Dr. Rolling Cautions against Reliance on Current Vaccines

Dr. Rolling Cautions against Reliance on Current Vaccines

Infectious Disease Expert Cautions against Reliance on Current Vaccines

By Malcolm Quattlebaum

The mythology of superheroes brings millions of people around the world hope, inspiration and love. We’ve all heard the clichéd phrase “but not all heroes wear capes”, and this statement seems to hold when it comes to the medical surgeon and microbiologist Dr. Lane Rolling. Rolling has done what the fictional superheroes do on the big screen – acted as a beacon of hope and love, and most importantly saved people’s lives. However, this is no movie; Rolling is a real-life hero who is focused on saving lives around the world.

Rolling is the founder and director of the Tropical Pathology and Infectious Disease Association™, Inc. (www.Tpaida.org), a private organization educating students in the basic science, diagnosis and treatment of infectious tropical diseases, while providing medical assistance to other countries. Living by his military principles of the 3 D’s, discipline, dedication and determination, the doctor has dedicated his life to the service of humanity. Tpaida is an international company based out of Cuzco, Peru.

While in Peru the ex-military doctor spends the majority of his days in his muddy jungle boots with an 80-pound medical kit, hiking the jungle to provide free medical aid to the Peruvian inhabitants in need. However, in 2020, Rolling like the rest of the world joined the battle against COVID-19. The coronavirus threat brought the doctor back state-side, in an attempt to educate, inform and help to provide solutions to the viral threat. Over this past year, he put down the muddy jungle boots and picked up dress shoes and ties as he has gone from one media outlet to another, providing people with COVID-19 information and updates based on education, science and his real-world experiences.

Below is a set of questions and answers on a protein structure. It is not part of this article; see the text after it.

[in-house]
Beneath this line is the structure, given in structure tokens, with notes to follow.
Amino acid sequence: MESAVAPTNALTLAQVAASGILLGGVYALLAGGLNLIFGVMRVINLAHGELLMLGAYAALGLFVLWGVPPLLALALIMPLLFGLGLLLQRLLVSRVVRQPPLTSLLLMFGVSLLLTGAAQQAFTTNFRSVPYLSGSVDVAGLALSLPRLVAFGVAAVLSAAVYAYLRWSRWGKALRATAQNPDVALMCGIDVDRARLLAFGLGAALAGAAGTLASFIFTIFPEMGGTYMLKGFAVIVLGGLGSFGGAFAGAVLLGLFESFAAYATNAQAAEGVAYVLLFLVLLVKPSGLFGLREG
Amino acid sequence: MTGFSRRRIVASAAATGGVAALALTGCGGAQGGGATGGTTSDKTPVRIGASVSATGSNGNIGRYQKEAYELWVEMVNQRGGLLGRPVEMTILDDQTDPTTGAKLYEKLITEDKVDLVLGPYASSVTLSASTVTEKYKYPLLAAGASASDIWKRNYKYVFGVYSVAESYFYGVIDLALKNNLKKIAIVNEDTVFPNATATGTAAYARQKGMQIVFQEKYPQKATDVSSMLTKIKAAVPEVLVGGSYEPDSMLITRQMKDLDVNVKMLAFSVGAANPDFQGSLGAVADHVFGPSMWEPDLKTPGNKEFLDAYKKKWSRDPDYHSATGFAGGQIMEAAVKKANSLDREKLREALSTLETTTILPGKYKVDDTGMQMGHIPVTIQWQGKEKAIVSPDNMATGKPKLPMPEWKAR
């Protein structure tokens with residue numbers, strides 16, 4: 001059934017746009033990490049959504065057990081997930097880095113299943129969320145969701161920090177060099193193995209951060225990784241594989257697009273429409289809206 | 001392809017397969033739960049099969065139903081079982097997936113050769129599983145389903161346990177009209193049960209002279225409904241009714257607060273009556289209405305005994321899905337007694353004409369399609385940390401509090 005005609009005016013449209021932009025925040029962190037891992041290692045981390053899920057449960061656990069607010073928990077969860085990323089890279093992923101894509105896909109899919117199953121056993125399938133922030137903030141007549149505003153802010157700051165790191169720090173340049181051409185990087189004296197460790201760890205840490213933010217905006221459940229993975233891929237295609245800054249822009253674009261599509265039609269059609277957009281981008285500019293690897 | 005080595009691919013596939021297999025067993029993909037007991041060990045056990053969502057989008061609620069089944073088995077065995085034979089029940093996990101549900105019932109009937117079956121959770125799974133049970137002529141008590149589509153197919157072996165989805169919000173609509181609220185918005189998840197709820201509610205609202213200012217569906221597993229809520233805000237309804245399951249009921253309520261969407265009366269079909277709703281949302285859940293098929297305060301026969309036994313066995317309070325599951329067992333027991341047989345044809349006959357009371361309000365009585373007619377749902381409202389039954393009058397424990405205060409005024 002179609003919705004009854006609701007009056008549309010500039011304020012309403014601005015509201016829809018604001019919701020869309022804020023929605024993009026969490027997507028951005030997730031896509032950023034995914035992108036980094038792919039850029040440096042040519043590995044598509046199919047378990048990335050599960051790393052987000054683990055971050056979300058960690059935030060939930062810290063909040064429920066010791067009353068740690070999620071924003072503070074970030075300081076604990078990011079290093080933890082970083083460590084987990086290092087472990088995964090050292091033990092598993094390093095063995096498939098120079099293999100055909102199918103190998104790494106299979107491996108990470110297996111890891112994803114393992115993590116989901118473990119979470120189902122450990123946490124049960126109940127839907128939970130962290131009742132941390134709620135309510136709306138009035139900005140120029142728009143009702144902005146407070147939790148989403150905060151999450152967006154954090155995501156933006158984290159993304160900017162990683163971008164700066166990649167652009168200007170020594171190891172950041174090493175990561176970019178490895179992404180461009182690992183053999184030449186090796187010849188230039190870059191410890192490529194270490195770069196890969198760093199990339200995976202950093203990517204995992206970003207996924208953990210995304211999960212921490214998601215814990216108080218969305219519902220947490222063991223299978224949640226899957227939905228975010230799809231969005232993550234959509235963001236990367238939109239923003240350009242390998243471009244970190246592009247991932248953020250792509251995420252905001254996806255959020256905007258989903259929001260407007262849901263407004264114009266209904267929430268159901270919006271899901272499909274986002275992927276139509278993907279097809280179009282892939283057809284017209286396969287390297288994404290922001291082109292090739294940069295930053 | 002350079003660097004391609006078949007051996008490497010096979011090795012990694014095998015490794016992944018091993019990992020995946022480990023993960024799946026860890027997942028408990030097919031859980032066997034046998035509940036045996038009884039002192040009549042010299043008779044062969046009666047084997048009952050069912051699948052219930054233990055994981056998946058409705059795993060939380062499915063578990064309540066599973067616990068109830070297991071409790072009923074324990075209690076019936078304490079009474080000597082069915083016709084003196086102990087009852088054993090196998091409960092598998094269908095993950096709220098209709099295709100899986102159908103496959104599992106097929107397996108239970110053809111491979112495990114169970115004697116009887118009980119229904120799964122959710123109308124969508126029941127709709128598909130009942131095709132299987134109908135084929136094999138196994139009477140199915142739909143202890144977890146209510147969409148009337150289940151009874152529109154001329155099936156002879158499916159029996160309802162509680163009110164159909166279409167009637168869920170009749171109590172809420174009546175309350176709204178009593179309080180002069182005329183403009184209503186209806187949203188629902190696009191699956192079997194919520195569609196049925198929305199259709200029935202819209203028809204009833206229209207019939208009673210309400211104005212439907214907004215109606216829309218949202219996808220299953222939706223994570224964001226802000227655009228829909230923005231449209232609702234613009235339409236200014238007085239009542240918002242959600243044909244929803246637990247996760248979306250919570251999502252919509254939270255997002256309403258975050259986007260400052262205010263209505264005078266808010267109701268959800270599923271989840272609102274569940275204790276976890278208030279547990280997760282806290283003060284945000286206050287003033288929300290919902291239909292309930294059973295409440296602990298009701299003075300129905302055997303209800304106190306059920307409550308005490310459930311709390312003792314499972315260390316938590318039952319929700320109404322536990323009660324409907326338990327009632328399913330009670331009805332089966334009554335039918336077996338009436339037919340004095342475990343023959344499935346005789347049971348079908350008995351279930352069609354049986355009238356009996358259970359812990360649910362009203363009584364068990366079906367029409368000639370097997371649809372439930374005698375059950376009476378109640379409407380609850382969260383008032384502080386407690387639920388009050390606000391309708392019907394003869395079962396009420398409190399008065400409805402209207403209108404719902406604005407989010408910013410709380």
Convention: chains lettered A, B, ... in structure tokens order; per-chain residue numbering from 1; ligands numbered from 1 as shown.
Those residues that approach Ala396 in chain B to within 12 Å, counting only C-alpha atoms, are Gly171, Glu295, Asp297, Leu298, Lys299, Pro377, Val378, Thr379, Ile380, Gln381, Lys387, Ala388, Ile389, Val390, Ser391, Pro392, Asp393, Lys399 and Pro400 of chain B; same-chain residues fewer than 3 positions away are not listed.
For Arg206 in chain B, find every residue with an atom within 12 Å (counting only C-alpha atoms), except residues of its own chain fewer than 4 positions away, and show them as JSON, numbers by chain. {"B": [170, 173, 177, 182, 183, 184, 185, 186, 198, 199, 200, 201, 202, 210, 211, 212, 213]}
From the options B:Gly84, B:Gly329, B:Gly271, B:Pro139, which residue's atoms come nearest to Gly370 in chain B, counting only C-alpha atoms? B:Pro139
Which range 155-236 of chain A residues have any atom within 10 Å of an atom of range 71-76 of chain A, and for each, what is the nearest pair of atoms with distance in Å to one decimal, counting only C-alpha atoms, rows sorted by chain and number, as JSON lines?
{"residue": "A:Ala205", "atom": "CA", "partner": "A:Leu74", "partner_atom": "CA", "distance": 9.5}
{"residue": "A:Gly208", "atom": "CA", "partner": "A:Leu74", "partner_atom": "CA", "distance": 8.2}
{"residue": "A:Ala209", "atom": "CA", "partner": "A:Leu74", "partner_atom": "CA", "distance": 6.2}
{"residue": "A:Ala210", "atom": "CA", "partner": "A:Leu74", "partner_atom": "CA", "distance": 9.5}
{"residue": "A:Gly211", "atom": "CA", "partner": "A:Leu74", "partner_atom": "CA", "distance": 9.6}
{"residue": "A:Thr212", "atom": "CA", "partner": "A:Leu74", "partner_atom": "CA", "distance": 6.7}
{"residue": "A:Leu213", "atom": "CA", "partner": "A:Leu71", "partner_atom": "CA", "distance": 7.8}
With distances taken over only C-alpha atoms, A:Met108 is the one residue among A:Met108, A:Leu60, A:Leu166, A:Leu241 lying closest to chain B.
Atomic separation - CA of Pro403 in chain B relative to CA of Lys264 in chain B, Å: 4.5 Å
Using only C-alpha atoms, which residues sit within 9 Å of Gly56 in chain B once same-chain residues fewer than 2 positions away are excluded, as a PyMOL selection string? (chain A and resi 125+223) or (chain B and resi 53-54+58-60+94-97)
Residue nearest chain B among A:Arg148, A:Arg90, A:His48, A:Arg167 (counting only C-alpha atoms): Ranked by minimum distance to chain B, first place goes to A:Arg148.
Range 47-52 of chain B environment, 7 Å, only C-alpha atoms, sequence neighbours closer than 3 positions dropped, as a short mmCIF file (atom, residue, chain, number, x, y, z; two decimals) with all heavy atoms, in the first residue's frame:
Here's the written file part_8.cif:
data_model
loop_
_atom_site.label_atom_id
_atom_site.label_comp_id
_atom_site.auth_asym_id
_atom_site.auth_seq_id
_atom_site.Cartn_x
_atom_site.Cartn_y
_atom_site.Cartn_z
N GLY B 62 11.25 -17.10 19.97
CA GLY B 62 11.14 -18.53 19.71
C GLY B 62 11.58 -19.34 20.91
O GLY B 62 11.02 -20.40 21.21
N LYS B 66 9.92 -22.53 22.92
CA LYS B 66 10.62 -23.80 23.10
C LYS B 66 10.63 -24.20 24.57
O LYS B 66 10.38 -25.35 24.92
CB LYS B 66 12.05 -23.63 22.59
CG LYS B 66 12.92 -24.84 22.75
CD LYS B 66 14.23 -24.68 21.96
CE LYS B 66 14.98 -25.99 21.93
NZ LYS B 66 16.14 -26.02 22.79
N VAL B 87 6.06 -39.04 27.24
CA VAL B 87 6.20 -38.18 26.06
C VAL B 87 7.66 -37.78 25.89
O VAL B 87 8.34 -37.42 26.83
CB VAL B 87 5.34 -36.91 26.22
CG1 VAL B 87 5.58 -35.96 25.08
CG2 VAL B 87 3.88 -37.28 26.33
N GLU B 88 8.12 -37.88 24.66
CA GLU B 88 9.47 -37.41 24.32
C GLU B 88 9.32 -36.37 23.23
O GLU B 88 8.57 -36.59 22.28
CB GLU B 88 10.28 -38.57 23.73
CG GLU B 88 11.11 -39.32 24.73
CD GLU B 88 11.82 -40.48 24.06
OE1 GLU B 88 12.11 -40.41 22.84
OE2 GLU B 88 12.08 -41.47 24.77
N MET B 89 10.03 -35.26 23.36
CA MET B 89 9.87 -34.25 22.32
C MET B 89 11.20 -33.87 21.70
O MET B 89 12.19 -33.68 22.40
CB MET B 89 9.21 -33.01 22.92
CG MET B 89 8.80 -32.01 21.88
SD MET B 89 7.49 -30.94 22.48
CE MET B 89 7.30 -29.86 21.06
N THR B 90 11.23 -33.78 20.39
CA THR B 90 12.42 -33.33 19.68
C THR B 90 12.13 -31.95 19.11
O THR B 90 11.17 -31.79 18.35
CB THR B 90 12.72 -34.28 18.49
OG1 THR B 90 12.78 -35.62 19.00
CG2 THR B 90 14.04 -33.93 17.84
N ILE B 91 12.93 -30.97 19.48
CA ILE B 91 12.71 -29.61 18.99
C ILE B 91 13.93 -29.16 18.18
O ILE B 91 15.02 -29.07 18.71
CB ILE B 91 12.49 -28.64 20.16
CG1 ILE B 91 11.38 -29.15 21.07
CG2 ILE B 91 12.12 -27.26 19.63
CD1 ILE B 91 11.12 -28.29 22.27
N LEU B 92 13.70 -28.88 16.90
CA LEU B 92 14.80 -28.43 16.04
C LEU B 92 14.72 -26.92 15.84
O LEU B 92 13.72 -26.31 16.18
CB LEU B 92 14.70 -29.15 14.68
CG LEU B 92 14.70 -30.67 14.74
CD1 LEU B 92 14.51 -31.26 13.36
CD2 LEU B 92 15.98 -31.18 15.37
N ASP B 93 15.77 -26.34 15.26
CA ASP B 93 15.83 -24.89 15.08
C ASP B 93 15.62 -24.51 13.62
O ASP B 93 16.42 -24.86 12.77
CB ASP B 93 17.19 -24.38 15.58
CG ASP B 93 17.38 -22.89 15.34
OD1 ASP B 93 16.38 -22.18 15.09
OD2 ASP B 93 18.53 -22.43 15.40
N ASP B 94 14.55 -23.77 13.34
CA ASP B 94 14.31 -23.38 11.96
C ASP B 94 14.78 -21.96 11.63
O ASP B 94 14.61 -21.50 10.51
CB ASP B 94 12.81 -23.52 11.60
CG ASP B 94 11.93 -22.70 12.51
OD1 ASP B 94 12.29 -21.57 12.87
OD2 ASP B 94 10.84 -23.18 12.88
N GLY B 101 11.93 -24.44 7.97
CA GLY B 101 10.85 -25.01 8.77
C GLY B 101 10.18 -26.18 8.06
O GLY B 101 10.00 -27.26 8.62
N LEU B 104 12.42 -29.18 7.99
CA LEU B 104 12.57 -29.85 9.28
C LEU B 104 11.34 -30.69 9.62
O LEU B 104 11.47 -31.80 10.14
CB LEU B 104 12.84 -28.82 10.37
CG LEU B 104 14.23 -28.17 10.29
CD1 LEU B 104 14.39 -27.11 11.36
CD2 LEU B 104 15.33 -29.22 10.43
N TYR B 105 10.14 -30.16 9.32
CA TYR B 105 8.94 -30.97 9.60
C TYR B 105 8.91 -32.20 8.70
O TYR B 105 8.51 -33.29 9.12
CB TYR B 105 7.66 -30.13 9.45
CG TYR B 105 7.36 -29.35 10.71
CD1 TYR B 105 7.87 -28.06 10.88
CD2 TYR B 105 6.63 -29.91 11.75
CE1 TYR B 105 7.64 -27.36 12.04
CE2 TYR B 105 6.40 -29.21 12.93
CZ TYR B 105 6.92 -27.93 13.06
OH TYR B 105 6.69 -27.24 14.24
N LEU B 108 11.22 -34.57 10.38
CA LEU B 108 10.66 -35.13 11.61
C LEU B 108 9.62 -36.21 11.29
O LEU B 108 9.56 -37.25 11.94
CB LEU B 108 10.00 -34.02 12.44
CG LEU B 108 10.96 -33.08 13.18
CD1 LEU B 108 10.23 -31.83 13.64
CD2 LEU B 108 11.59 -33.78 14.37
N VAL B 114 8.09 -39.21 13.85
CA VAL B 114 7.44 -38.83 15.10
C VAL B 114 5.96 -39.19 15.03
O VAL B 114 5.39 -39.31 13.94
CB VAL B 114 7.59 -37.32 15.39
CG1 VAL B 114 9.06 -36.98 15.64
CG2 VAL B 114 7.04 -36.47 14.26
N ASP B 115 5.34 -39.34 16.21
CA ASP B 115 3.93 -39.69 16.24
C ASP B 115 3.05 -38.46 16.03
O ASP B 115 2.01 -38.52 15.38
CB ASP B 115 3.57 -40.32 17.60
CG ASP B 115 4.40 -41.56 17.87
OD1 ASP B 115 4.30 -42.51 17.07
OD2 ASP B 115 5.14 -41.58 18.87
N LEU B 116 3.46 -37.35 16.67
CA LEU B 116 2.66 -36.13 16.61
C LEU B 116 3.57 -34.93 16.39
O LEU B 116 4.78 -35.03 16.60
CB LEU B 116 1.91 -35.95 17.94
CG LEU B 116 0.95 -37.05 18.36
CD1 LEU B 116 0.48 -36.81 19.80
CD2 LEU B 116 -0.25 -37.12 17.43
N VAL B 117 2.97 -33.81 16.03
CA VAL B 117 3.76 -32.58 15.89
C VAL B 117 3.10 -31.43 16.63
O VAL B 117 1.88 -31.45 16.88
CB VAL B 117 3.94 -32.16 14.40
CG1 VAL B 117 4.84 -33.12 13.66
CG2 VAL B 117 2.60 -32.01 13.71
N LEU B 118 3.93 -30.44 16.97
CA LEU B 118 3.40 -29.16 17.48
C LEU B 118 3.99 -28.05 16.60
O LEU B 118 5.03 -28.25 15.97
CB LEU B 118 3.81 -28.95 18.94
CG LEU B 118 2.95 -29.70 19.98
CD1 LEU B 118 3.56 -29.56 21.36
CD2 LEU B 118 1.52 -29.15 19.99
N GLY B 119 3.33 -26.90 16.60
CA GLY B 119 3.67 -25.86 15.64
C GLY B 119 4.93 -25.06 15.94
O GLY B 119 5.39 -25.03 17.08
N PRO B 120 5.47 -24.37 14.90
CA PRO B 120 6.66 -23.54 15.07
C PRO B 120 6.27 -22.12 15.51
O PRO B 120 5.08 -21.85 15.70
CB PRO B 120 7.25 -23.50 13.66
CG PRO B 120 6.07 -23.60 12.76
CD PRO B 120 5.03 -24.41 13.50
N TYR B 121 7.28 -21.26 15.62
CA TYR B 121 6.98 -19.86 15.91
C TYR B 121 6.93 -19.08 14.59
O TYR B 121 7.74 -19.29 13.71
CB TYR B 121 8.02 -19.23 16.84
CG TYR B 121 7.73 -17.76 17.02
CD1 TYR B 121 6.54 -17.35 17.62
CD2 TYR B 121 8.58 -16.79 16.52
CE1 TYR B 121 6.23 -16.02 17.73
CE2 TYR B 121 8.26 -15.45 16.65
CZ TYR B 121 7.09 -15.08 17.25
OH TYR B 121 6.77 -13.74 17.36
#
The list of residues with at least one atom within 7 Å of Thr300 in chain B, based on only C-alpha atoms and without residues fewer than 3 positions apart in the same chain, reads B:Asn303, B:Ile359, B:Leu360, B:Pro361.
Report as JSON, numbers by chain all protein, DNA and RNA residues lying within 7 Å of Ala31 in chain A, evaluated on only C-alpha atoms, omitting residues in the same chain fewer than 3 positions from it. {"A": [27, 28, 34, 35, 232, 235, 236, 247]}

“Moving from last year to this year, it is a rocket ride. From MSNBC to the Black News channel, and all of the publications and awards that’s been given to me, it’s like I’ve been given the key to the city in Camden, Arkansas. What can I say? It’s a beautiful thing,” said Rolling.

He is continually asked to do media interviews and has been given humanitarian awards, because he has had a true and consistent message as it pertains to this coronavirus. That message has been to stay vigilant, because even though we as a people want this COVID- 19 nightmare to be over, we are still only in the beginning stages of this biological warfare, he believes.

“If you understand the biochemistry and the virology pathology mechanism you can have a good understanding of where this virus is going to take us. A year later we are still right in the middle of the pandemic, which is not a pandemic anymore; it’s an endemic infection. And everyone has been affected by it in some fashion. The reality of it is we are going to be doing this for a long, long time. At least the next 50 years,” he said.

“We’re in an endemic infection, and what does that mean? A pandemic means the infection is worldwide. The infection which we describe now is a global endemic, which means the virus is in the population; it’s not going anywhere. It’s here every day, it’s in Colorado, it’s in your school, it’s in your restaurants, it's everywhere,” he explained.